The LA Ecovillage

Jonathan Dawson blogs about an alternative Findhorn, in downtown Los Angeles...

I want to devote my blog this week to an extraordinary development unfolding in a poor, multi-ethnic, working-class neighbourhood some 6,000 miles from here – in inner-city Los Angeles.

Why on Earth would I do that is a column called Life At Findhorn?! Well, first because we are part of a much larger global family, one of whose members, the Los Angeles Ecovillage, is engaged in quite wonderfully distinctive and inspiring work. Second, because I have just returned after spending ten days there, participating in the annual board meeting of the Global Ecovillage Network.

In terms of the general flavour of LAEV, in retrospect the die can be seen to have been cast right at its inception. It was the early 1980s and the original idea of the founder, Lois Arkin, had been to create a new-build intentional community outside town.

Then the Watts riots happened and LA burned in the heat of racial conflict. Lois decided that the priority was to work within rather than without. So, she located herself in the small corner of Koreatown – today very multi-ethnic but with a strong Latino flavour – where she finds herself to this day. The intentional community of around 30 of which she is a member sees its mission in terms of helping bring back to life the entire neighbourhood in which they live.

The two large, Mediterranean-style houses in which most intentional community members live feel like nothing more than great beehives, with a continual traffic of people in and out. On my first morning in the community, a group of kids from a local community centre working on a video project were filming within the courtyard, asking us about GEN and its relevance to neighbourhoods like this.

Later, great boxes of locally-grown, organic vegetables were delivered and community members set to work dividing them into boxes to be collected by members of the food cooperative. More people coming in and out, most stopping to exchange news and chat.

Several of the evenings I was there, there were also public speakers in the community’s main lounge, with the events open to the general public.

Then, there is the traffic out. One community member is working installing PV solar panels on properties throughout the city. Another goes out regularly to man the phones for a fund-raising drive by the local, independent radio station.

Others are off to work at the Bicycle Kitchen (an initiative born in LAEV but that has now moved out into the neighbourhood due to a lack of space), a workshop in which young local people are taught how to repair bicycles.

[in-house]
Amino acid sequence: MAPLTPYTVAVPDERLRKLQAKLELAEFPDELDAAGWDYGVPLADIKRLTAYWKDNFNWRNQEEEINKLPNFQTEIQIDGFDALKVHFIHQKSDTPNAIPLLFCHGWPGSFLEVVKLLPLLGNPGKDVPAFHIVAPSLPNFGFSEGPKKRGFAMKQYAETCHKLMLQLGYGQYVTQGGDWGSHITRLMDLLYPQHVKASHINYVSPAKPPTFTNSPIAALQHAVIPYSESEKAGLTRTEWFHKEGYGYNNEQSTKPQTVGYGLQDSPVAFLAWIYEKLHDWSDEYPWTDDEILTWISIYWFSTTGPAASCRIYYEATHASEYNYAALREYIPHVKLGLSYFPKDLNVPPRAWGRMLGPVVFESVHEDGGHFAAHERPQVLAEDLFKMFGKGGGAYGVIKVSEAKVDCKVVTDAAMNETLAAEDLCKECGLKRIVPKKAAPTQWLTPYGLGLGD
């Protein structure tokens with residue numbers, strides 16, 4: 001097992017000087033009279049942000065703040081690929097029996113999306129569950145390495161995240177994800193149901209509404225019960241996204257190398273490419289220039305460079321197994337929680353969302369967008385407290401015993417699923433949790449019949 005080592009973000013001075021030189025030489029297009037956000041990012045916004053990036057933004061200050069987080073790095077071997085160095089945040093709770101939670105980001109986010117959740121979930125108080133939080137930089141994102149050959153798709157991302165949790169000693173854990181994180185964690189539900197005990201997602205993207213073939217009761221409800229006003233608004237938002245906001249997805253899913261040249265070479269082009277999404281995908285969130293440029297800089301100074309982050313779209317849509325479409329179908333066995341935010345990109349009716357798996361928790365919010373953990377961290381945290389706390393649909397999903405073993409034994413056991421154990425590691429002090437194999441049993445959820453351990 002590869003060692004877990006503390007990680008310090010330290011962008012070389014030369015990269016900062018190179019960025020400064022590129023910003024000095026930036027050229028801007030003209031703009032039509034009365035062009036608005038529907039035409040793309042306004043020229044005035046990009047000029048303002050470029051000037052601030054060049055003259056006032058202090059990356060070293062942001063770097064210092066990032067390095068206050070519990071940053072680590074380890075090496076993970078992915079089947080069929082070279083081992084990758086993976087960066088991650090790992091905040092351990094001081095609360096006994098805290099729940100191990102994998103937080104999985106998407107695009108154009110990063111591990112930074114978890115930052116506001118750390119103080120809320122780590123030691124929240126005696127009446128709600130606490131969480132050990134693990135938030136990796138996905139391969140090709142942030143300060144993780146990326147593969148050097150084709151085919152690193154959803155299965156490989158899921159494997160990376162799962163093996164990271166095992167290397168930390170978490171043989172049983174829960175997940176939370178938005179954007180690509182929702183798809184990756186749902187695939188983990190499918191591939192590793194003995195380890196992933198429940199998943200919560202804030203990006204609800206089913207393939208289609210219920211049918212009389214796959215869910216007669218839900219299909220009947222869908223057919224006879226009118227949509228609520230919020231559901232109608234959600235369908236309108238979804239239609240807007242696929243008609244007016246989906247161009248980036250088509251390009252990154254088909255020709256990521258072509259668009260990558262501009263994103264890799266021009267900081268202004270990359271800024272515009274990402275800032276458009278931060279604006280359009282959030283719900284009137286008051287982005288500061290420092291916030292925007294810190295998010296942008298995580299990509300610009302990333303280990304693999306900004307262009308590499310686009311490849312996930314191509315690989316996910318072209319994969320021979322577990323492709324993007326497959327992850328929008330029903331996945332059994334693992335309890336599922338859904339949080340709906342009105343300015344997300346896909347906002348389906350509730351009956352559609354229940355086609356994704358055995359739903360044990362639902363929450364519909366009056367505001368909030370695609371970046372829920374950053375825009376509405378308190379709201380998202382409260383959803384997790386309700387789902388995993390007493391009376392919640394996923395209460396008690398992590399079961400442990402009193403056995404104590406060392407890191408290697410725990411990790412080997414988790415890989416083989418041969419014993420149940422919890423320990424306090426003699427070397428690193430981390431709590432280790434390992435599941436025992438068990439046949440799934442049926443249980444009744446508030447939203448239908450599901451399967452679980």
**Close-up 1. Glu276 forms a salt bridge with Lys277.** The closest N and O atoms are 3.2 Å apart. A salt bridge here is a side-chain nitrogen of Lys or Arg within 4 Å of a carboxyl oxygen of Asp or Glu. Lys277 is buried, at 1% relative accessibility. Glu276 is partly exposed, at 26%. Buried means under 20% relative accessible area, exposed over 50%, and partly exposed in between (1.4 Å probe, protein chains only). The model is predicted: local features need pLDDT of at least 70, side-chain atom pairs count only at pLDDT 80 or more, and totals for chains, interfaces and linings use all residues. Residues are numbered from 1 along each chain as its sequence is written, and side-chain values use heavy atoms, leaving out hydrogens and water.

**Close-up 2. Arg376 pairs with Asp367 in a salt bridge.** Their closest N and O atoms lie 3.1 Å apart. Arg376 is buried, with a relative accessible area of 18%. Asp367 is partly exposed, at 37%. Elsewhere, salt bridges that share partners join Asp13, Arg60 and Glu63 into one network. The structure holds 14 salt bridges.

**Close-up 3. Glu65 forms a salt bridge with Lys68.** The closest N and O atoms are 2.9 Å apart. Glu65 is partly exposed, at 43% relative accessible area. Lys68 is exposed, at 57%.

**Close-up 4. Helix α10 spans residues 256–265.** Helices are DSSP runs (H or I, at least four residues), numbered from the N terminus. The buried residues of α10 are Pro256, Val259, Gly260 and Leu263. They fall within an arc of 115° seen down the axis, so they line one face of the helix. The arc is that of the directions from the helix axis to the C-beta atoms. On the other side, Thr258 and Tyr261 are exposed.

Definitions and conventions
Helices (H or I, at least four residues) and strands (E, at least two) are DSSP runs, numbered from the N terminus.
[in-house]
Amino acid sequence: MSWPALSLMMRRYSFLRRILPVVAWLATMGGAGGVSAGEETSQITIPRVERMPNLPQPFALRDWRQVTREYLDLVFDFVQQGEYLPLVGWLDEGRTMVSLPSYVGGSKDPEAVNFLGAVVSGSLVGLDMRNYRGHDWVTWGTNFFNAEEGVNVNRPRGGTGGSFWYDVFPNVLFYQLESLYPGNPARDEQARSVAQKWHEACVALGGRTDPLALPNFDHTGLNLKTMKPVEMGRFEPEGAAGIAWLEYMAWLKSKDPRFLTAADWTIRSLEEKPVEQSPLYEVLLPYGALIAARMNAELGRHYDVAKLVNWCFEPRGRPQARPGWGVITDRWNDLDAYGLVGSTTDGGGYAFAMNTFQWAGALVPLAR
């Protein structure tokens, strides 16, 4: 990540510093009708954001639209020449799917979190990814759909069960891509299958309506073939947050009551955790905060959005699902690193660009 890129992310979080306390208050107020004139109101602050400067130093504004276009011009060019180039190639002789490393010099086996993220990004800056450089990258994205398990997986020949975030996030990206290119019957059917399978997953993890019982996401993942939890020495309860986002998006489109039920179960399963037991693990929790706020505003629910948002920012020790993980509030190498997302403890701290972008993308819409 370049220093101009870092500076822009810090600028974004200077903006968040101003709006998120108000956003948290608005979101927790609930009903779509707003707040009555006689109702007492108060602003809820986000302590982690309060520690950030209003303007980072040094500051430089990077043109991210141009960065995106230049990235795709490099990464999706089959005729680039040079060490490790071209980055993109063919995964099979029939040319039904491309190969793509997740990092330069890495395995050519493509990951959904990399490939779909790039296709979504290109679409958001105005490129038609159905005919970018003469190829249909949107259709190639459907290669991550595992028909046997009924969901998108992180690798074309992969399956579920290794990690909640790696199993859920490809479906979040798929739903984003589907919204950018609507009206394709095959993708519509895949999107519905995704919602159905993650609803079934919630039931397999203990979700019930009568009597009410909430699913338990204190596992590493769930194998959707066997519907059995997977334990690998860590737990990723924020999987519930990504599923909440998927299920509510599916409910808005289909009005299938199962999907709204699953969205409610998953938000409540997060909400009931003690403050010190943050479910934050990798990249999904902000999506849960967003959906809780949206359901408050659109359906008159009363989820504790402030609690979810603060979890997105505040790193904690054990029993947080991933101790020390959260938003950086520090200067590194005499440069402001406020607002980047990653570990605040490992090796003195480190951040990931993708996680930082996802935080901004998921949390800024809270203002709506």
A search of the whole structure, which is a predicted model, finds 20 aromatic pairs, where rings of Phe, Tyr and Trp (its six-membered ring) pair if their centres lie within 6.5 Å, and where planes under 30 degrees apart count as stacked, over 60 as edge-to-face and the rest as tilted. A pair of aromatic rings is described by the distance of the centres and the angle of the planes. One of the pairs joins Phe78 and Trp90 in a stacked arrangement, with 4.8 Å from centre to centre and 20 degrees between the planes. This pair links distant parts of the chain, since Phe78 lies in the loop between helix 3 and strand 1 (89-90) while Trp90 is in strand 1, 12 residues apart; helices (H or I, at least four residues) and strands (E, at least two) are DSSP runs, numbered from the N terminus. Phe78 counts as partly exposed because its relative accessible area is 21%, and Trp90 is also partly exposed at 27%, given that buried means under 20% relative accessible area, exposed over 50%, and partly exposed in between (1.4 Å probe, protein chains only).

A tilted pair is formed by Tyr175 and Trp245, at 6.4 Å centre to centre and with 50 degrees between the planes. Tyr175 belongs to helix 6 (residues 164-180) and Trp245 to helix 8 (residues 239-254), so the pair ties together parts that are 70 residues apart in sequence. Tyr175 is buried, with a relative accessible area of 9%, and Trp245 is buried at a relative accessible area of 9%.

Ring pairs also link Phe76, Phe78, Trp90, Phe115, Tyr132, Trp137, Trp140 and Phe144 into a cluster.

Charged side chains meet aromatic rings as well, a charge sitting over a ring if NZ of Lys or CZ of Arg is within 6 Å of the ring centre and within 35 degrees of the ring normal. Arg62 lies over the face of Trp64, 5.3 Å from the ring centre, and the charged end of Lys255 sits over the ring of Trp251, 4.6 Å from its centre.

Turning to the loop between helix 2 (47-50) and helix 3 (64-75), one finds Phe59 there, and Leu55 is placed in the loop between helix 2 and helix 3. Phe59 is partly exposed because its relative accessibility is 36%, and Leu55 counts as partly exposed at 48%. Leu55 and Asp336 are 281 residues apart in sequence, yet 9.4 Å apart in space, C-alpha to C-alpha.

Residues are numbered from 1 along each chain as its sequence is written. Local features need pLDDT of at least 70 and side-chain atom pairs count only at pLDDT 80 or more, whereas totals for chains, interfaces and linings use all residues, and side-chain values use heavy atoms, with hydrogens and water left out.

Community members have been involved in creating mosaics that now decorate the street, planting trees, sculpting a playful and beautiful cob bench (in the shape of a dragon), installing permeable pavements that allow rain-water to run down to the water-table below, helping design a small local park along permaculture lines and, most spectacular, working with local children to create a colourful mandala in the middle of the street.

Community members seem to spend a lot of time in this mandala – community meals, meetings, workshops, discussions – while the traffic slows and gently wends its way around them. This is part of a conscious effort to ‘re-educate the traffic’, as Lois puts it. One poster within the community shows a road filled with cyclists on one of the periodic Reclaim The Streets days. The poster declares: ‘We are not blocking the traffic – We are the traffic’.

It is great, if all too rare, to see an ecovillage get stuck in in an urban context, really working in cooperation with their neighbours and helping transform and humanise an entire neighbourhood.

Now, however, the initiative is under threat – and this is where you, dear reader, may just be able to help. The LA school department is planning to locate yet another school in the neighbourhood – there are several there already. This would entail demolishing 35 affordable housing units (all to rare in the city) and even more bussing in of kids from other parts of town.

The ecovillagers are fighting it tooth and nail and have set up an online petition asking the authorities to find another site. If you feel inspired, visit http://www.laecovillage.org/ and sign up.